WASHINGTON - President Bush signed legislation Thursday that rolls back some regulations that the banking industry had strongly opposed.
The action, which was expected, gave bank lobbyists the first victory in their battle against "regulatory burden," which has become an industry rallying cry.
The legislation, part of a housing authorization bill, softens a law passed last year that requires regulators to establish guidelines for executive compensation at banks.
Realty Deductions Delayed
The measure also delays the implementation of a 1989 law that requires thrifts to deduct from capital their investment in real estate subsidiaries.
There's some muscle in the measure as well. The law gives regulators authority to revoke the charters of institutions involved in money laundering.
Kenneth A. Guenther, executive vice president of the Independent Bankers Association of America, hailed the measure, calling it "a prelude" to what the industry can expect to gain in the next two years.
No matter who is elected, he said, regulatory relief is likely to receive a high priority in the White House.
"We know where President Bush stands - he'll come back very strong," Mr. Guenther said. "And Gov. Clinton has made it very clear that regulatory overkill leads to economic problems and will be addressed in his jobs bill on the first day."
The IBAA's No. 1 target: reducing "the overwhelming paperwork associated with the Community Reinvestment Act.
The American Bankers Association has also made regulatory rollbacks its top priority. William H. Brandon, president of the group, noted that the nation's banks spent $10.7 billion on regulatory compliance in 1991, according to an ABA survey.
"We are all mindful of the need for strong bank regulation, but something's wrong when those regulations cost 60% of the industry's total profits," said Mr. Brandon, the president of First National Bank in Helena, Ark.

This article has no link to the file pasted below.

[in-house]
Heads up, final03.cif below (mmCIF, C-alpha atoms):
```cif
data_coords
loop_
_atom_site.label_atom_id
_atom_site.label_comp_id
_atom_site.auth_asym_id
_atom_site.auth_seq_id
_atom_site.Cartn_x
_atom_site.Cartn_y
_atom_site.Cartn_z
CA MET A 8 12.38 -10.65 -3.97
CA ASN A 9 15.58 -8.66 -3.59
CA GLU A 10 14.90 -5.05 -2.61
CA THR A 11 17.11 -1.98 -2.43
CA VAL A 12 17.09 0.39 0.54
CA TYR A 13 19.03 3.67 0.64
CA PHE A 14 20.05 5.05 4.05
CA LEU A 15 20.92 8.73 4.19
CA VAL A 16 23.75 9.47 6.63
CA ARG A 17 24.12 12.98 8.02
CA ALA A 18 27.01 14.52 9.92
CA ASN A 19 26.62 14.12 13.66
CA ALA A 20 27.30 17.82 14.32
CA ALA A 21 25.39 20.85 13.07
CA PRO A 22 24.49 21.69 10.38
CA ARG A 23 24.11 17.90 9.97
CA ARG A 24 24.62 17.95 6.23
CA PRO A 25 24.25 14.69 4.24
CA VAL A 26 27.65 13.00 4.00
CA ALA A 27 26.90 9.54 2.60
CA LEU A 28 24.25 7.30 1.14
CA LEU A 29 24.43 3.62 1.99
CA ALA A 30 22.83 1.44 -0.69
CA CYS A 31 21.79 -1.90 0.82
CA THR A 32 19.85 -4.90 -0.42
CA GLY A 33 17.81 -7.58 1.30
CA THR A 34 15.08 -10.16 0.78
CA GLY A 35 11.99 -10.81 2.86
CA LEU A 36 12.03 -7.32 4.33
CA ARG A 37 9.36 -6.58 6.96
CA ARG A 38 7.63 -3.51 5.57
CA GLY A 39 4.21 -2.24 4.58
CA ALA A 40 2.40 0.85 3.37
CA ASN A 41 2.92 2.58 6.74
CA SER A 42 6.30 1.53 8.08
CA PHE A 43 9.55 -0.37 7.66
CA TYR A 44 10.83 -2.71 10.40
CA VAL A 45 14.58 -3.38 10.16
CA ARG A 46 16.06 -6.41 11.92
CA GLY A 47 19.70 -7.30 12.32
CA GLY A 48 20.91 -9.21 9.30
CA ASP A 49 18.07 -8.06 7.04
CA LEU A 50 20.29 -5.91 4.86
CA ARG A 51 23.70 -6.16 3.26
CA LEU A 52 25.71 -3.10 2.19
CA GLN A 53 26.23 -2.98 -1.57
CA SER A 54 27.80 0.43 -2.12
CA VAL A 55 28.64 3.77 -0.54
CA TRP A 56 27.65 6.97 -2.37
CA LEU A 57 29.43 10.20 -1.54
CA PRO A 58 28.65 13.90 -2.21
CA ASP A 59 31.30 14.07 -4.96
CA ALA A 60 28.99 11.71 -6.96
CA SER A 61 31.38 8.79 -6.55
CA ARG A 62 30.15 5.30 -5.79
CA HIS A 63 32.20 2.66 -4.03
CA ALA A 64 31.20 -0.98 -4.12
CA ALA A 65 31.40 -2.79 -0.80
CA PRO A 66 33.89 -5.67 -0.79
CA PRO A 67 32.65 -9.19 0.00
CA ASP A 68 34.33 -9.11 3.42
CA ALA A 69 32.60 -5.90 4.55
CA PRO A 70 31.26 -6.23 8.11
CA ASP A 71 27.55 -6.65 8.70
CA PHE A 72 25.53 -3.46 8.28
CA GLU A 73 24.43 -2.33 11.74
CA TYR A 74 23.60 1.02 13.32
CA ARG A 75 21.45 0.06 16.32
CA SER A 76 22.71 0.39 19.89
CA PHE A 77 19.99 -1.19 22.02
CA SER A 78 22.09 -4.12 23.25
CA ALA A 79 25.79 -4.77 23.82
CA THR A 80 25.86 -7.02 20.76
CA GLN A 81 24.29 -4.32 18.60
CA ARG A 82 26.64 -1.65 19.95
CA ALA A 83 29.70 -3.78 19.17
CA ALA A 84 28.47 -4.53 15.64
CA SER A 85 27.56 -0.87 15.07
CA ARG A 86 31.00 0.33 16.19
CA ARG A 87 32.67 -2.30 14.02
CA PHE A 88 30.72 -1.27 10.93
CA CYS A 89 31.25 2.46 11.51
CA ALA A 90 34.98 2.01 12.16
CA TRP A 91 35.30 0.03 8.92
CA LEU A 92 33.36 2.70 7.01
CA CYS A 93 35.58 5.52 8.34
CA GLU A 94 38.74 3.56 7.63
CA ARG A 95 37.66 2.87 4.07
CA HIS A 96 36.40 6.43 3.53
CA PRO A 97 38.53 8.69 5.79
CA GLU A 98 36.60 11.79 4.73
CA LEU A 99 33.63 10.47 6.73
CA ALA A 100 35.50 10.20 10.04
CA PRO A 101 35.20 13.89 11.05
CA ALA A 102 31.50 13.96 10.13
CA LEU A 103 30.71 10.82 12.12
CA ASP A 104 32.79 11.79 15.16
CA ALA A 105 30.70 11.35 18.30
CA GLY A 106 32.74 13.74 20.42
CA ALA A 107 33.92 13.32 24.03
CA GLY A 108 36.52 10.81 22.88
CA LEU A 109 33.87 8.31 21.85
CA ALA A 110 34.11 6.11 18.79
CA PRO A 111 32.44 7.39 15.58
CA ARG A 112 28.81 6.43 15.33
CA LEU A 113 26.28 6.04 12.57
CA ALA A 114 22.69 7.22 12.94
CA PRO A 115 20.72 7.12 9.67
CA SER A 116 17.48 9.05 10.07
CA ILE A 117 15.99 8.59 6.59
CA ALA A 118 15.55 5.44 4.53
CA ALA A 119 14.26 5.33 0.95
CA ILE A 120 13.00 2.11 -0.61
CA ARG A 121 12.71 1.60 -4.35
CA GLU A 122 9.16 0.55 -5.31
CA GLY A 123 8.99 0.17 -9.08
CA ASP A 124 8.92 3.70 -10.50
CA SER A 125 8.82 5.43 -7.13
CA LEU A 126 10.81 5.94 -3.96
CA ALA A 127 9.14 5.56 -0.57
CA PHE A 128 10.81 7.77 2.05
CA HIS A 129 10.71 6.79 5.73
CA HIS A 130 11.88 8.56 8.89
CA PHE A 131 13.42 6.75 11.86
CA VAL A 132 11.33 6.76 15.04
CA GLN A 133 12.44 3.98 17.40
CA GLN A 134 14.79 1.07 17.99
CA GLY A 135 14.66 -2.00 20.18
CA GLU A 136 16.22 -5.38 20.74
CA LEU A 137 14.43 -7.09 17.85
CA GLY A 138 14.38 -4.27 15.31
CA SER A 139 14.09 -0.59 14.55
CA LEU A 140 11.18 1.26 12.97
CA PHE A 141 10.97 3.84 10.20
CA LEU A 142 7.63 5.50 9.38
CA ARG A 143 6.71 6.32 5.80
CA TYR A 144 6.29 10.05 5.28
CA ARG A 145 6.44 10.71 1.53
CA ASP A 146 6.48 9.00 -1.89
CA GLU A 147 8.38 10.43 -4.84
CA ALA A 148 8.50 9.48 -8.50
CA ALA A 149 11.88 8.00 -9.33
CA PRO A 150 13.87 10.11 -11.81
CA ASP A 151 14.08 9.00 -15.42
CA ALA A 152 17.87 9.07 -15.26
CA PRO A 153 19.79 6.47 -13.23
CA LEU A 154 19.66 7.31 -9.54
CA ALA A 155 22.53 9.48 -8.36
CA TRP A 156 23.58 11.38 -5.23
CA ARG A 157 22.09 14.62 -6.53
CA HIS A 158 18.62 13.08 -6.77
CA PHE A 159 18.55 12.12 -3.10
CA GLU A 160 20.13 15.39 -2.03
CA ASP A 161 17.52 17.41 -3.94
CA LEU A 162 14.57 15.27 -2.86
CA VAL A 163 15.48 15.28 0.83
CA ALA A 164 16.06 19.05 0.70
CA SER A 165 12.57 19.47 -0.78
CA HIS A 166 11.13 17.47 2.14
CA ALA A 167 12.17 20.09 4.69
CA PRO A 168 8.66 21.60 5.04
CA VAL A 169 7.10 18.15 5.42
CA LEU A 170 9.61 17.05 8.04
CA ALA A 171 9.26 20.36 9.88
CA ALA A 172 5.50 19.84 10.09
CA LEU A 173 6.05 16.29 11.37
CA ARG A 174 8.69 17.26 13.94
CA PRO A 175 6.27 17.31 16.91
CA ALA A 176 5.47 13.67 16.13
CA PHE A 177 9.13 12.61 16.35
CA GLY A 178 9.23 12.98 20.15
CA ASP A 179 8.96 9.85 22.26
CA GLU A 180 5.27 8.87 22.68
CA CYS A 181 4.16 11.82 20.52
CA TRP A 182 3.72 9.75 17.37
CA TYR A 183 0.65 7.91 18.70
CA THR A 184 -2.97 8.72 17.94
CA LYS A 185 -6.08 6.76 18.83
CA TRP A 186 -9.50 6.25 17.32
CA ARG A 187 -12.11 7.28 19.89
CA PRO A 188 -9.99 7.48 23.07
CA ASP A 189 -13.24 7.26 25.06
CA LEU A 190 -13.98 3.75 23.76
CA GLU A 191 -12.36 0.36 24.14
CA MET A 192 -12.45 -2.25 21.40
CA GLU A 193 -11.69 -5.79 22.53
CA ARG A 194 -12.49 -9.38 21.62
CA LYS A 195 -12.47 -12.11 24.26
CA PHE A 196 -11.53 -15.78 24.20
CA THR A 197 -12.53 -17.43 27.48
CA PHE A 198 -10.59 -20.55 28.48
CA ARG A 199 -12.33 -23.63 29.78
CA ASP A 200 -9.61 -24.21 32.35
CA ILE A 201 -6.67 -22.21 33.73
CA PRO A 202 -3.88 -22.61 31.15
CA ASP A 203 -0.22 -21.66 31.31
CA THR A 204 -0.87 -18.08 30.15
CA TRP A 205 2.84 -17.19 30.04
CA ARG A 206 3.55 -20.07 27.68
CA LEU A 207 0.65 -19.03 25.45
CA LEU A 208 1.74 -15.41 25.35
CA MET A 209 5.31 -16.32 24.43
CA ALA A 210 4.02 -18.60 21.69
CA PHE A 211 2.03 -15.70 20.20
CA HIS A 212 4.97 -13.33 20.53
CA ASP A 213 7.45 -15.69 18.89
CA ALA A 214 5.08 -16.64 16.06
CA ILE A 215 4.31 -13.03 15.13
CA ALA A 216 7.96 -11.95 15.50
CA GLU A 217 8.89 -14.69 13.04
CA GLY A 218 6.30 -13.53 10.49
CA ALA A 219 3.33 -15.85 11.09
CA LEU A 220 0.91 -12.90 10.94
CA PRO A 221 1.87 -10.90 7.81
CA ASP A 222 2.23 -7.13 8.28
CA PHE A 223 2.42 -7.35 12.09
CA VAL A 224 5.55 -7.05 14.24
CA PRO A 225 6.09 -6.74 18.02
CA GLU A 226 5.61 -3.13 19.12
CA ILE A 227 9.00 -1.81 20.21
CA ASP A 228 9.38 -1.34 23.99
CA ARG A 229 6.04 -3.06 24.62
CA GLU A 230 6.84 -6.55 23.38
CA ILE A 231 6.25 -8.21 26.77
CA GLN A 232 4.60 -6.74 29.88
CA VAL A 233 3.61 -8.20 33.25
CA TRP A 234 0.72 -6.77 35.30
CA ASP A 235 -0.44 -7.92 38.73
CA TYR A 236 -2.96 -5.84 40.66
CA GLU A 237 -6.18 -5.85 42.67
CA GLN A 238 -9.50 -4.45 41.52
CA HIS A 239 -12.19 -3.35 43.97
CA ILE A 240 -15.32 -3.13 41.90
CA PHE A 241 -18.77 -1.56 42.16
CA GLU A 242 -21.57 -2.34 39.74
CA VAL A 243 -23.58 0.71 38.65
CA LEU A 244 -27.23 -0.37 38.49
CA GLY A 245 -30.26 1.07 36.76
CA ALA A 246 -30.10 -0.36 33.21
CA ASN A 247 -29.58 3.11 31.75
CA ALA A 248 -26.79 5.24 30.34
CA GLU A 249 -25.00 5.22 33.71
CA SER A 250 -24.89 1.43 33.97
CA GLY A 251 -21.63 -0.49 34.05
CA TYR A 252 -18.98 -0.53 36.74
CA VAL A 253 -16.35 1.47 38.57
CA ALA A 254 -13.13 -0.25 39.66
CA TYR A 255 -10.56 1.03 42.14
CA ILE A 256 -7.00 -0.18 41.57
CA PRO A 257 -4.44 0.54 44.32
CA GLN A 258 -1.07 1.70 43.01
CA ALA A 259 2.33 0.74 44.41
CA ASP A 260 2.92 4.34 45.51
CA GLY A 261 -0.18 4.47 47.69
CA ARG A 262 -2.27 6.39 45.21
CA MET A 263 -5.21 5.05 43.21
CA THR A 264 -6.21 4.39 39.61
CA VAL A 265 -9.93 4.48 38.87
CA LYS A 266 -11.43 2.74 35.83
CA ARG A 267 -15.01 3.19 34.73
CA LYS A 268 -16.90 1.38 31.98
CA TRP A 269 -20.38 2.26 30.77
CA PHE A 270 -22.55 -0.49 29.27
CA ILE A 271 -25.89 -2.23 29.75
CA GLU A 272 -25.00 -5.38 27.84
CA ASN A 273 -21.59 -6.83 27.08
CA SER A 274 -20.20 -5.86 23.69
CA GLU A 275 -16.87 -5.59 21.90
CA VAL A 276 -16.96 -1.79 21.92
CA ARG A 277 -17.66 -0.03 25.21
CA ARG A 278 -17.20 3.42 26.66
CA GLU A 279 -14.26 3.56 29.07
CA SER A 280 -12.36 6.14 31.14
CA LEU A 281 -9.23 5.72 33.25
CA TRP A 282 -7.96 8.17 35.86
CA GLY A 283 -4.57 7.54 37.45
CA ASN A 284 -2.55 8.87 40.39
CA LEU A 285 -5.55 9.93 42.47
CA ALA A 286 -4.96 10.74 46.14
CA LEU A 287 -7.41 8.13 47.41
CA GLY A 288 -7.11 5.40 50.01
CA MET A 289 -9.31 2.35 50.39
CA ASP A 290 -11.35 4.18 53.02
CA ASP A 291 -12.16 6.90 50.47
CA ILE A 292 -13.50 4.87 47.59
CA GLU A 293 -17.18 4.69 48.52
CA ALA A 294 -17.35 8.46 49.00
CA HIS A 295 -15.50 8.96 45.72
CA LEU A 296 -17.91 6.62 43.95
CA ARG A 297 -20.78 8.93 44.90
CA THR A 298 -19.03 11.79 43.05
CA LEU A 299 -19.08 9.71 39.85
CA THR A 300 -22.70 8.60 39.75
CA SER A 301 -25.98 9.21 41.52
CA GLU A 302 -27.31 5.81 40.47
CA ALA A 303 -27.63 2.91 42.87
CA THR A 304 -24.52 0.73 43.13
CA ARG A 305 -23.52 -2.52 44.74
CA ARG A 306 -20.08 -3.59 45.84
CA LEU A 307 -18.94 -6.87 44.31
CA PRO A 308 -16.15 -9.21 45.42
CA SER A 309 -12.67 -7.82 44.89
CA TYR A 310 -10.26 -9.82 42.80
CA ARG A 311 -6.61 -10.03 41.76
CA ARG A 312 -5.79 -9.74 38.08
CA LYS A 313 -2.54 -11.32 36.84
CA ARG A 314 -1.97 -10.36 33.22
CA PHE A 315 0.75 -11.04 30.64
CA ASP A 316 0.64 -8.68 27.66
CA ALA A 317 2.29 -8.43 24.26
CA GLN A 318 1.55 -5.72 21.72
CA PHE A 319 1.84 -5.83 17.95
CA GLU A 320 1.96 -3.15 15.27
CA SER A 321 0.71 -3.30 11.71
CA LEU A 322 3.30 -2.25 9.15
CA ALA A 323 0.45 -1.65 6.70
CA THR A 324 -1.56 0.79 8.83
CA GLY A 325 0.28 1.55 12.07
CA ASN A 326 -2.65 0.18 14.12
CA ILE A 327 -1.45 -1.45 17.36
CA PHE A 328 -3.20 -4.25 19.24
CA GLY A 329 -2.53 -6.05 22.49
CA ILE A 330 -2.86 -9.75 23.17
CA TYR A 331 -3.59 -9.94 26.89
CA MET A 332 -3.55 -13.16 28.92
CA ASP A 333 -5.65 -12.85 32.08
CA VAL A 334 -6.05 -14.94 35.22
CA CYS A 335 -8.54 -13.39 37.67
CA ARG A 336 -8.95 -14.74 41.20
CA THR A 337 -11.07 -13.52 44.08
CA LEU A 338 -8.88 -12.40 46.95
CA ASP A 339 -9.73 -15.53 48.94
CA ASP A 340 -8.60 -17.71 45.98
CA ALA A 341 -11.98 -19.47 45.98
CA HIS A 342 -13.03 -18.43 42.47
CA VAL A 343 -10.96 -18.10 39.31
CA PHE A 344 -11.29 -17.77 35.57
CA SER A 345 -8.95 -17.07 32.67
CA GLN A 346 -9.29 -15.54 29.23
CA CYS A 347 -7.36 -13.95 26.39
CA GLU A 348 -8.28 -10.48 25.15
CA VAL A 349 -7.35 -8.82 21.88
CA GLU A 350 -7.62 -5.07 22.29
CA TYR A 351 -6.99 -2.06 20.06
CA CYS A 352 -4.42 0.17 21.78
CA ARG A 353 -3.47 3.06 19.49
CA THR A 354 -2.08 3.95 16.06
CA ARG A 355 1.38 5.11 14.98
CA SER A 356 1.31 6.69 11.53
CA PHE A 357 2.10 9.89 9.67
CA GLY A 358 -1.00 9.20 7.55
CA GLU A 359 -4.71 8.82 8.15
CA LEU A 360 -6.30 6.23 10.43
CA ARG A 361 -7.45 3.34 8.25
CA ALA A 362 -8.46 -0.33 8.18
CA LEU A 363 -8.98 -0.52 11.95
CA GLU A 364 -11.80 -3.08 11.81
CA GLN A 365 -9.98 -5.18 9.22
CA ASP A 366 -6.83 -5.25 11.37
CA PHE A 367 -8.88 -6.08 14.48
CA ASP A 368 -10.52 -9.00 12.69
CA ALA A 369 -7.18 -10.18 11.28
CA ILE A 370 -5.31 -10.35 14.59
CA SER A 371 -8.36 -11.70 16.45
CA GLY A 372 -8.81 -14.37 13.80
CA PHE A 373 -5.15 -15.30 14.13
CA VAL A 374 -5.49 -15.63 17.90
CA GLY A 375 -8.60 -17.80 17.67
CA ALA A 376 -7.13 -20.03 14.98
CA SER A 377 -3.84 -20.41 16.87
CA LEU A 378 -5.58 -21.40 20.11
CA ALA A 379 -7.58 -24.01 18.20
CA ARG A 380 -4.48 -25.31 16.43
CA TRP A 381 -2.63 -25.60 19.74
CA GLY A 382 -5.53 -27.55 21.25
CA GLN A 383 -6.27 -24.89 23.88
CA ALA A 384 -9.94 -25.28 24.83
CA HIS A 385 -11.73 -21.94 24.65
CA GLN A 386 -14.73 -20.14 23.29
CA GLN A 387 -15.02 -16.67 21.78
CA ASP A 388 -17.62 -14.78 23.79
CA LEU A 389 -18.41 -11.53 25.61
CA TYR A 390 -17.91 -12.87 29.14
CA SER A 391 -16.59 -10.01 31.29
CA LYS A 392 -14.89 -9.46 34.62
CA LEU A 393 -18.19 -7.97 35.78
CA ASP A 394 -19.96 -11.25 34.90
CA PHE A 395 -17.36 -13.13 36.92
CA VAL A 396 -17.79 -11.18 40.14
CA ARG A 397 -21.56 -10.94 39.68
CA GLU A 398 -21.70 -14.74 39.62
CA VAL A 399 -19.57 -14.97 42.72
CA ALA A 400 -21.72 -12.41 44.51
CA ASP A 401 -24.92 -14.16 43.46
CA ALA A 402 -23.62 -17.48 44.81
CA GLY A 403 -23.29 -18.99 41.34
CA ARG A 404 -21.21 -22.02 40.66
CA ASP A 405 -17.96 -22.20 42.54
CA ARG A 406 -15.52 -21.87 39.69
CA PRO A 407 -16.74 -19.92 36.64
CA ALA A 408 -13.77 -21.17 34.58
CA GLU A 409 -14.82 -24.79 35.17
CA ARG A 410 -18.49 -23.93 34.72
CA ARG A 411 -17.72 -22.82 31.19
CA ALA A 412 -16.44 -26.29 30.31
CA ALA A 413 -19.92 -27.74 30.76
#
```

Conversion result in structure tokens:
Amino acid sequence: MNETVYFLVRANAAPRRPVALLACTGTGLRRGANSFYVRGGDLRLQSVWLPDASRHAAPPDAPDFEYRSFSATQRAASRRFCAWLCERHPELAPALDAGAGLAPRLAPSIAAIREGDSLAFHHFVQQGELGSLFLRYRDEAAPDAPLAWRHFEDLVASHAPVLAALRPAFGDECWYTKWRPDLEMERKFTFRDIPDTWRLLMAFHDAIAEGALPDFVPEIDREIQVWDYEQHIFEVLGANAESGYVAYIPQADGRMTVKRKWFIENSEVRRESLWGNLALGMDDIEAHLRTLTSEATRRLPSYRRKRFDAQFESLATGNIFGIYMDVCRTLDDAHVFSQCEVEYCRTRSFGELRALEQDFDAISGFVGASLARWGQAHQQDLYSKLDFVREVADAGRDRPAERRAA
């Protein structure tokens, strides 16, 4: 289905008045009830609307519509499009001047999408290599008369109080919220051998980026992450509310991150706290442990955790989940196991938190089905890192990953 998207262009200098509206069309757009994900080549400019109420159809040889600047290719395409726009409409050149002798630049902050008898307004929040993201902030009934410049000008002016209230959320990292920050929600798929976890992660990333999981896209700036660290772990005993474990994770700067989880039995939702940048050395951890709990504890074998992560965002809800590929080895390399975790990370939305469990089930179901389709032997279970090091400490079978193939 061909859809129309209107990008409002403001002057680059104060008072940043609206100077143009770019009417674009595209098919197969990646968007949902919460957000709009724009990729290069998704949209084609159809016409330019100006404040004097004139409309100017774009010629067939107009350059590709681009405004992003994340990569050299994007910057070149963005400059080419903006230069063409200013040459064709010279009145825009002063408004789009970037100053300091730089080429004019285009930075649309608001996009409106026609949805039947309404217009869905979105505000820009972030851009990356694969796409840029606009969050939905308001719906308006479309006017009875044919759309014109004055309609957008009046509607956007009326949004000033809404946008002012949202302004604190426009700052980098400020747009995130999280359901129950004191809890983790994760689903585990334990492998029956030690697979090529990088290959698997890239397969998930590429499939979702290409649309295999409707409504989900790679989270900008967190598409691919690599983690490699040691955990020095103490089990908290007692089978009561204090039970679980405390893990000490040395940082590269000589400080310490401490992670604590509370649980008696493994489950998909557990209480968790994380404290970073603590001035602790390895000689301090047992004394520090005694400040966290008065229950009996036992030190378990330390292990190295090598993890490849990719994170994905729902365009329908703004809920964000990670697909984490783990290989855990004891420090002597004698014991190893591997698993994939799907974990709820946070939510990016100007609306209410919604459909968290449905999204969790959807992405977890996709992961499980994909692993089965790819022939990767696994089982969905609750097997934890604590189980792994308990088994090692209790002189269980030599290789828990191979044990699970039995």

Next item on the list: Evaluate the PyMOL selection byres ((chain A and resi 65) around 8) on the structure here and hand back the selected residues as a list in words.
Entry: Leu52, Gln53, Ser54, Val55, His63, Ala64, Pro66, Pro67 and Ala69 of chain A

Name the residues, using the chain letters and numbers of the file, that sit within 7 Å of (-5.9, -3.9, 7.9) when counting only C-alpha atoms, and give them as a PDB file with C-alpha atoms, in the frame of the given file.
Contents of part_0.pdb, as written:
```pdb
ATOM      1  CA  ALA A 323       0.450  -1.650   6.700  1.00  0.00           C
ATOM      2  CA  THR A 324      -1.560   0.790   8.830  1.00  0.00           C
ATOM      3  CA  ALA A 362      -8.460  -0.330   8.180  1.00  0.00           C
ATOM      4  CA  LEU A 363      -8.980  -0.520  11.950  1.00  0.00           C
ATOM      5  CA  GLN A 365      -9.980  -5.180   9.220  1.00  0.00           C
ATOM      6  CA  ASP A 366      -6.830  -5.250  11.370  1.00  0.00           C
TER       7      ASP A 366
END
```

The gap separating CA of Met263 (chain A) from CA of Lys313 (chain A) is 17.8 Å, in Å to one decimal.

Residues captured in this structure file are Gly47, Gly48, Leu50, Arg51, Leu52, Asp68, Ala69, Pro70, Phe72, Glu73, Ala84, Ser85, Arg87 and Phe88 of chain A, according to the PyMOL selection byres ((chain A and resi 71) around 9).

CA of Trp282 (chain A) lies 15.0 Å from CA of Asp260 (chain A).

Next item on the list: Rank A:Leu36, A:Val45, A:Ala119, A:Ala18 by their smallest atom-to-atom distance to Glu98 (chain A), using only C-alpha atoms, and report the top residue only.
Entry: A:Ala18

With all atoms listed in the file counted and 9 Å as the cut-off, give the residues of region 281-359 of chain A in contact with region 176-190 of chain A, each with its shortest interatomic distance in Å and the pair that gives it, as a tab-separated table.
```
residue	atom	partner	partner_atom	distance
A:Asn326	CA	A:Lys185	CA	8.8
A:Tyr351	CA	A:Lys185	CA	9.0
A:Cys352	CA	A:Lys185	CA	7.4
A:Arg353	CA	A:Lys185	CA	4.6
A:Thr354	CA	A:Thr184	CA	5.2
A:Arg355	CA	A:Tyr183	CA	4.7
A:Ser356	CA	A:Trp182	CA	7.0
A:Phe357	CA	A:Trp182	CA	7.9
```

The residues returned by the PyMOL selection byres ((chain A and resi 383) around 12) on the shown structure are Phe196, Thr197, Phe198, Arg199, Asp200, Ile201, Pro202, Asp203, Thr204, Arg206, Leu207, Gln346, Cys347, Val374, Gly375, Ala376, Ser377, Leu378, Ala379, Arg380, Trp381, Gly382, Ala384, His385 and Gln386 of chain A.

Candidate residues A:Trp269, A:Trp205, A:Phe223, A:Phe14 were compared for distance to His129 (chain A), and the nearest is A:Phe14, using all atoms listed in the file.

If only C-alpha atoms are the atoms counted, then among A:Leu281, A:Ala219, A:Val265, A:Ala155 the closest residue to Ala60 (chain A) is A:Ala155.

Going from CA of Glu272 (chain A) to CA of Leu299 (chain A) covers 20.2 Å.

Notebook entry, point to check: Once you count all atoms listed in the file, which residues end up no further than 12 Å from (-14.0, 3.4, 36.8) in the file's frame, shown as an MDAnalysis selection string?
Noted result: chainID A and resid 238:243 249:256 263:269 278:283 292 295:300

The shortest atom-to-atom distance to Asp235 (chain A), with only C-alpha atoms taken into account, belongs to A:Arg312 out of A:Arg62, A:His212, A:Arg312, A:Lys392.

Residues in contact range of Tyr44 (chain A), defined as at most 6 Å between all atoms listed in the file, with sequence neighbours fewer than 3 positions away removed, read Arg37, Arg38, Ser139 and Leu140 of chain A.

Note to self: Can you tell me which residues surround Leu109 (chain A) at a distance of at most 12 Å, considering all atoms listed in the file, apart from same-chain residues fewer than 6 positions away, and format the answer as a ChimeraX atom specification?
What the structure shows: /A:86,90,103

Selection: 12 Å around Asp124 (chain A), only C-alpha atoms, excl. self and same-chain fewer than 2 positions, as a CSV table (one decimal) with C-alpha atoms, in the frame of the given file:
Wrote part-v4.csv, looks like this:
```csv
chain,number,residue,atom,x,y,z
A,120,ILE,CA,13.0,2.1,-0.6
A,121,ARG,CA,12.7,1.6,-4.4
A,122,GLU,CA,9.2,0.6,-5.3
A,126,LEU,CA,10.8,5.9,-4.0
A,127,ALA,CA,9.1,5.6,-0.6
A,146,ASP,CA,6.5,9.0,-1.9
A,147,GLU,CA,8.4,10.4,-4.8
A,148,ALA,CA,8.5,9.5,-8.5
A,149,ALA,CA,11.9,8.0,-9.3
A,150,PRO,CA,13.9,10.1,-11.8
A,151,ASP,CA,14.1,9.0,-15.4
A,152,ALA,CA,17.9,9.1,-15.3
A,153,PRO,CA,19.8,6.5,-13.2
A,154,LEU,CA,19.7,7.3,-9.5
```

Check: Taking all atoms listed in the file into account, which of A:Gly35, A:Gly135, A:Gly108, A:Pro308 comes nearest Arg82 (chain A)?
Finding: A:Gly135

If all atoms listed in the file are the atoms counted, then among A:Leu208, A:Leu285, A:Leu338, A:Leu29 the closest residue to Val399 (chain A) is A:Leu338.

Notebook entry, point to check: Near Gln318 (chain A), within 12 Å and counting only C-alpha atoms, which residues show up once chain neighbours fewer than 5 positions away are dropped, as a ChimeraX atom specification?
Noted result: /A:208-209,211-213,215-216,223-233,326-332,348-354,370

Other Key Points
Also included in the bill are measures affecting:
* Appraisal requirements. The bill affirms the right of regulators to set minimum levels for mortgage loans requiring appraisals by licensed professional.
The 1989 thrift bailout law requires the use of certified appraisers, but lenders and appraisers have disagreed about whether regulators could exempt mortgages of less than $100,000.
* Truth-in-savings. The effective date of the 1991 law requiring uniform disclosure of rates and terms of savings accounts is delayed for three months, until June 21, 1993, giving bankers time they say is badly needed to come into compliance.
In addition, advertising signs in the lobbies of banks and thrifts are exempted from the act's disclosure requirements.
* Insider loans. The Federal Reserve is given the authority to exempt from insider lending limits loans to officers and directors that pose minimal risk.
* Settlement costs. The law exempts lenders from having to provide estimates of settlement costs under the Real Estate Settlement Procedures Act if the lender rejects the loan within three days.
The amendments delaying the phaseout of thrift investment in real estate subsidiares could affect as many as 100 savings loans around the country, said Patrick Forte, president of the Association of Financial Services Holding Companies. It will also help depressed real estate markets, he said.
"To drop their investment further in depressed markets would be damaging," Mr. Forte said. Thrifts have so far deducted from capital 25% of their investment in real estate units. An additional 15% was to have been deducted this year.
Now thrifts won't have to take another hit until July 1, 1994. After that, they would be required to deduct an additional 20% in 1995 and the remainder in 1996.
The money-laundering section of the bill provides new penalties against financial institutions and executives convicted of violating money-laundering laws, including the authority to place institutions in conservatorship or revoke their deposit insurance.
But it also creates a "safe harbor" to protect financial institutions that provide information to law enforcement authorities about their customers as they are required to do under the law.